Scientists have taken a step towards being able to create customise human stem cells capable of forming blood that will be safe for use in patients.
Nature on Wednesday reported advances that could not only give scientists a window on what went wrong in such blood cancers as leukemia, lymphoma and myeloma, but also improve the treatment of those cancers, which affected some 1.2 million US citizens.
In theory, only one stem cell is capable of creating much of a human being's immune system, and the complex slurry of cells that coursed through a person's arteries, veins and organs.
While blood-making stem cells have been commonly used in medicine since the 1950s, the technique remained rather crude.
Patients with blood cancers who have undergone powerful radiation and chemotherapy treatments to kill their cancer cells, often need a bone-marrow transplant to rebuild their white blood cells, which are destroyed in the treatment.
The blood-making stem cells residing in a donor's bone marrow and in umbilical cord blood that is sometimes harvested after a baby's birth are called ''haematopoietic,'' and can be life-saving.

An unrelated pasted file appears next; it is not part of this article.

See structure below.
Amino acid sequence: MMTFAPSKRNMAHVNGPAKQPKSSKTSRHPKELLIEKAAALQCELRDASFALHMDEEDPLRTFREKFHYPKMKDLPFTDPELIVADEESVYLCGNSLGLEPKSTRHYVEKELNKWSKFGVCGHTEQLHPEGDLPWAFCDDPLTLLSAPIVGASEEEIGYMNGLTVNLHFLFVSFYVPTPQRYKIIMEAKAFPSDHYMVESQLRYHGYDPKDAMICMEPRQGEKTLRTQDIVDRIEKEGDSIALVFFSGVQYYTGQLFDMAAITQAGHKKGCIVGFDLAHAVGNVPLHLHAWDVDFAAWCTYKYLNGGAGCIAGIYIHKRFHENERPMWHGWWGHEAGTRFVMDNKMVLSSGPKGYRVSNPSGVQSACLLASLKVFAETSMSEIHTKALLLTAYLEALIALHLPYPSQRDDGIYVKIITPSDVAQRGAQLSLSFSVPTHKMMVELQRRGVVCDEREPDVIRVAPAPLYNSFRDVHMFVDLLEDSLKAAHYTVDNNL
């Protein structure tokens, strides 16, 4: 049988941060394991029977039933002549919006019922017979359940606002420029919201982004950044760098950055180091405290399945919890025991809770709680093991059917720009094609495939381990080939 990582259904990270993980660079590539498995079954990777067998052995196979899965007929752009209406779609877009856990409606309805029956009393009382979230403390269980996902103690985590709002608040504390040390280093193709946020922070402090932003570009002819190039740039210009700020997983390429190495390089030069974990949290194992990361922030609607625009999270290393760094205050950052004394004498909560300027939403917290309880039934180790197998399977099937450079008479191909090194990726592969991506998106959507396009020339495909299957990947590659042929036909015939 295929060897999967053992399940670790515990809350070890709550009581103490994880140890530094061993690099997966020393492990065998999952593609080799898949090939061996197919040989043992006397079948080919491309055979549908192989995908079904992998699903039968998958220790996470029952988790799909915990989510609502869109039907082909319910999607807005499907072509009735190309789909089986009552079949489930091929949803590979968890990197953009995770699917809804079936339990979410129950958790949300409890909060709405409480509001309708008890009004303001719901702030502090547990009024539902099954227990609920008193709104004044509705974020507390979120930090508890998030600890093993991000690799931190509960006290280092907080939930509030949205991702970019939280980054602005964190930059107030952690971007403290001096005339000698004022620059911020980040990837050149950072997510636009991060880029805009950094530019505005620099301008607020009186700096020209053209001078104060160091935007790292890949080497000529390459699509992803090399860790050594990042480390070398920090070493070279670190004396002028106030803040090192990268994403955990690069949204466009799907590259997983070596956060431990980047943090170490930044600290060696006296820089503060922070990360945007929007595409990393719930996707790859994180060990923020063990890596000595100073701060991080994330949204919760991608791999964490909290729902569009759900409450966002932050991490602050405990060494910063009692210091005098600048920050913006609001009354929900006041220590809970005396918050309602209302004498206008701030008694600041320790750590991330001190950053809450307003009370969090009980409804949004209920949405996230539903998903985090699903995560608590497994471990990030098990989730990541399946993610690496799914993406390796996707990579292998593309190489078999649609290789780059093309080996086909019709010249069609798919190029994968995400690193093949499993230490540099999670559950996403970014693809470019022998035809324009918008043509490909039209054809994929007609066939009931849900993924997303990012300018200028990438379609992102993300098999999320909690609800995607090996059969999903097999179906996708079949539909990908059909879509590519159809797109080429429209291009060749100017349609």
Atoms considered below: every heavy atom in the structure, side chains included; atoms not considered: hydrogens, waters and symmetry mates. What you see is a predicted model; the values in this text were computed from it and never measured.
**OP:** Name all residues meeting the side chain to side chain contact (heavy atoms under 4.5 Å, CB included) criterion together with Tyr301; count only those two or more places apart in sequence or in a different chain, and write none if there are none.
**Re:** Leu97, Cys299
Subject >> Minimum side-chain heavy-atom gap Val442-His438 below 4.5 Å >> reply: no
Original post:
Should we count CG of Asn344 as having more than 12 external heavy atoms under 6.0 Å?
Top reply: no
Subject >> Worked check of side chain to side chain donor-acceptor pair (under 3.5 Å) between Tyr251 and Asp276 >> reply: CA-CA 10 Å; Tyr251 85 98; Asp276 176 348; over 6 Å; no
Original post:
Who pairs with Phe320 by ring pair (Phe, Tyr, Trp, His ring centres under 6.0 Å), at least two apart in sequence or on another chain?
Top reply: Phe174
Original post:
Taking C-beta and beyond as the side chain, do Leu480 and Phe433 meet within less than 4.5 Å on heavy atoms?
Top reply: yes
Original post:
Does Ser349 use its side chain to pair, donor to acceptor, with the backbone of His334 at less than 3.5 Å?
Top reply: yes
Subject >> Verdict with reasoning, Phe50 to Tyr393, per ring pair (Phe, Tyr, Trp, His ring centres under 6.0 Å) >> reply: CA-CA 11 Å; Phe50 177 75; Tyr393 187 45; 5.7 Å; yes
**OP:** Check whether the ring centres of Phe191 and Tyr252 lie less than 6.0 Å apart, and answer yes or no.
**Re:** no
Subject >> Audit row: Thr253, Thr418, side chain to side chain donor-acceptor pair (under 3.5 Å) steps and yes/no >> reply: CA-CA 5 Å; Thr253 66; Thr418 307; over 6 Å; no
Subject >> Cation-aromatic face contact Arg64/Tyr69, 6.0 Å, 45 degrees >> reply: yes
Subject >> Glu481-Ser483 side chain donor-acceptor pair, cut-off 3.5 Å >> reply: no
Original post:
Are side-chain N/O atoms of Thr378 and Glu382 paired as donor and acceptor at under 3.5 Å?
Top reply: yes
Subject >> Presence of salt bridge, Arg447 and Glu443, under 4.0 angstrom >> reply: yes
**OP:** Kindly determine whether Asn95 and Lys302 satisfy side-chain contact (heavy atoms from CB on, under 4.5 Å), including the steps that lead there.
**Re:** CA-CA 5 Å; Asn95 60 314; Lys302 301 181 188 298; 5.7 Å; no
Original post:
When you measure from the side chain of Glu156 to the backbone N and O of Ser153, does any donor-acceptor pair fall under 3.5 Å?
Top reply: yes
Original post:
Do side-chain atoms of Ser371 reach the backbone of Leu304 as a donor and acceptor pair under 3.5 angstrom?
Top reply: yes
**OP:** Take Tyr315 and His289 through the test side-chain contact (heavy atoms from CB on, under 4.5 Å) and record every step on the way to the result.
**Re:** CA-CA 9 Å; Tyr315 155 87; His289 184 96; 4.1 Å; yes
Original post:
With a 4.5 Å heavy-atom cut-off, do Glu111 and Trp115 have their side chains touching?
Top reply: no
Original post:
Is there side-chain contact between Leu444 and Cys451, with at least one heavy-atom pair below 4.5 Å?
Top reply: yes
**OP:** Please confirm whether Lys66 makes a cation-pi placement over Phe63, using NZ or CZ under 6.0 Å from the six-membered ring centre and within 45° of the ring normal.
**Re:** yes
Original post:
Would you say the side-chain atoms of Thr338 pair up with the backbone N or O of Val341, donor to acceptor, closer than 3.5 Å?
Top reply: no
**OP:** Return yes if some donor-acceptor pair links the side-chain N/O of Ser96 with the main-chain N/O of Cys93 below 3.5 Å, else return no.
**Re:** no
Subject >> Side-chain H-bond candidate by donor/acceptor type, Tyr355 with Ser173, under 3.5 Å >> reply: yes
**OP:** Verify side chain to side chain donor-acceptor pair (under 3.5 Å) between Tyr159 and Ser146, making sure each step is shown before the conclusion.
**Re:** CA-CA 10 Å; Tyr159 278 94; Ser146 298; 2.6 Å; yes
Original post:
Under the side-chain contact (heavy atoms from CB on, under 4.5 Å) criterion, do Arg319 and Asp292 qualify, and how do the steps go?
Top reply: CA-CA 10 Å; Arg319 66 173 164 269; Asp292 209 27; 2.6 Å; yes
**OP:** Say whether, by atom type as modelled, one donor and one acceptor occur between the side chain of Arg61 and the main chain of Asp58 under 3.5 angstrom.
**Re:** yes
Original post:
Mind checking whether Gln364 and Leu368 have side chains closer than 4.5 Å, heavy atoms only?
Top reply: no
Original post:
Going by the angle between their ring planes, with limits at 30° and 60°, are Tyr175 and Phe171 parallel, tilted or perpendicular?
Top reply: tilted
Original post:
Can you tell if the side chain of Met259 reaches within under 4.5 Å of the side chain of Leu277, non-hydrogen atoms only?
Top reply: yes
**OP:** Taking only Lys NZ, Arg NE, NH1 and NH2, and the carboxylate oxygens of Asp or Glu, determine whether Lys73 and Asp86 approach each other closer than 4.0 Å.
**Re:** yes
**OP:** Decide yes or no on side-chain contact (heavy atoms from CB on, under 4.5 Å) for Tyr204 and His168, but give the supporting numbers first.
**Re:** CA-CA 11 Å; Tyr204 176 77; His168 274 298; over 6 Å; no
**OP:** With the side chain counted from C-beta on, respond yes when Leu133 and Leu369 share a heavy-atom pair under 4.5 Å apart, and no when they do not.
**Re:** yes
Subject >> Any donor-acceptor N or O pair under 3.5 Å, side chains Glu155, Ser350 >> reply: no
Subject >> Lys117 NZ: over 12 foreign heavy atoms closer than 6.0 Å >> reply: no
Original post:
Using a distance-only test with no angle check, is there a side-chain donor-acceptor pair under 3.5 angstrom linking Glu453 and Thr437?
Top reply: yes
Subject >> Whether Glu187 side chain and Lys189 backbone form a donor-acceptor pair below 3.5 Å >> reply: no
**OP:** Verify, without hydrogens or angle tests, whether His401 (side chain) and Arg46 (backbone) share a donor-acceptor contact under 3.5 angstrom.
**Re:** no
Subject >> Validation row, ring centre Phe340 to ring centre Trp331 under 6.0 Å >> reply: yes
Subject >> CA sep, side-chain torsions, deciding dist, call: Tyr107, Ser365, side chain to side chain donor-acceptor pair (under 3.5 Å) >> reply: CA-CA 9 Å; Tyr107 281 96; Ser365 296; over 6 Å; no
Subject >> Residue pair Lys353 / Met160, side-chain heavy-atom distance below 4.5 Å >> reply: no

But those stem cells can bear the distinctive immune system signatures of the donor and provoke an attack if the transplant recipient's body registered the cells as foreign.
Nature reported two experiments, one with mice, the other transplanting human stem cells into mouse bone marrow.
According to the researchers the techniques could potentially be used to produce all types of blood cells.
"This step opens up an opportunity to take cells from patients with genetic blood disorders, use gene editing to correct their genetic defect, and make functional blood cells," said Ryohichi Sugimura, a doctor at Boston Children's
Hospital and lead author of one of the studies, AFP reported.
He added, if proven safe, the proof-of-concept methods could also lead to a "limitless supply of blood" by using cells from universal donors.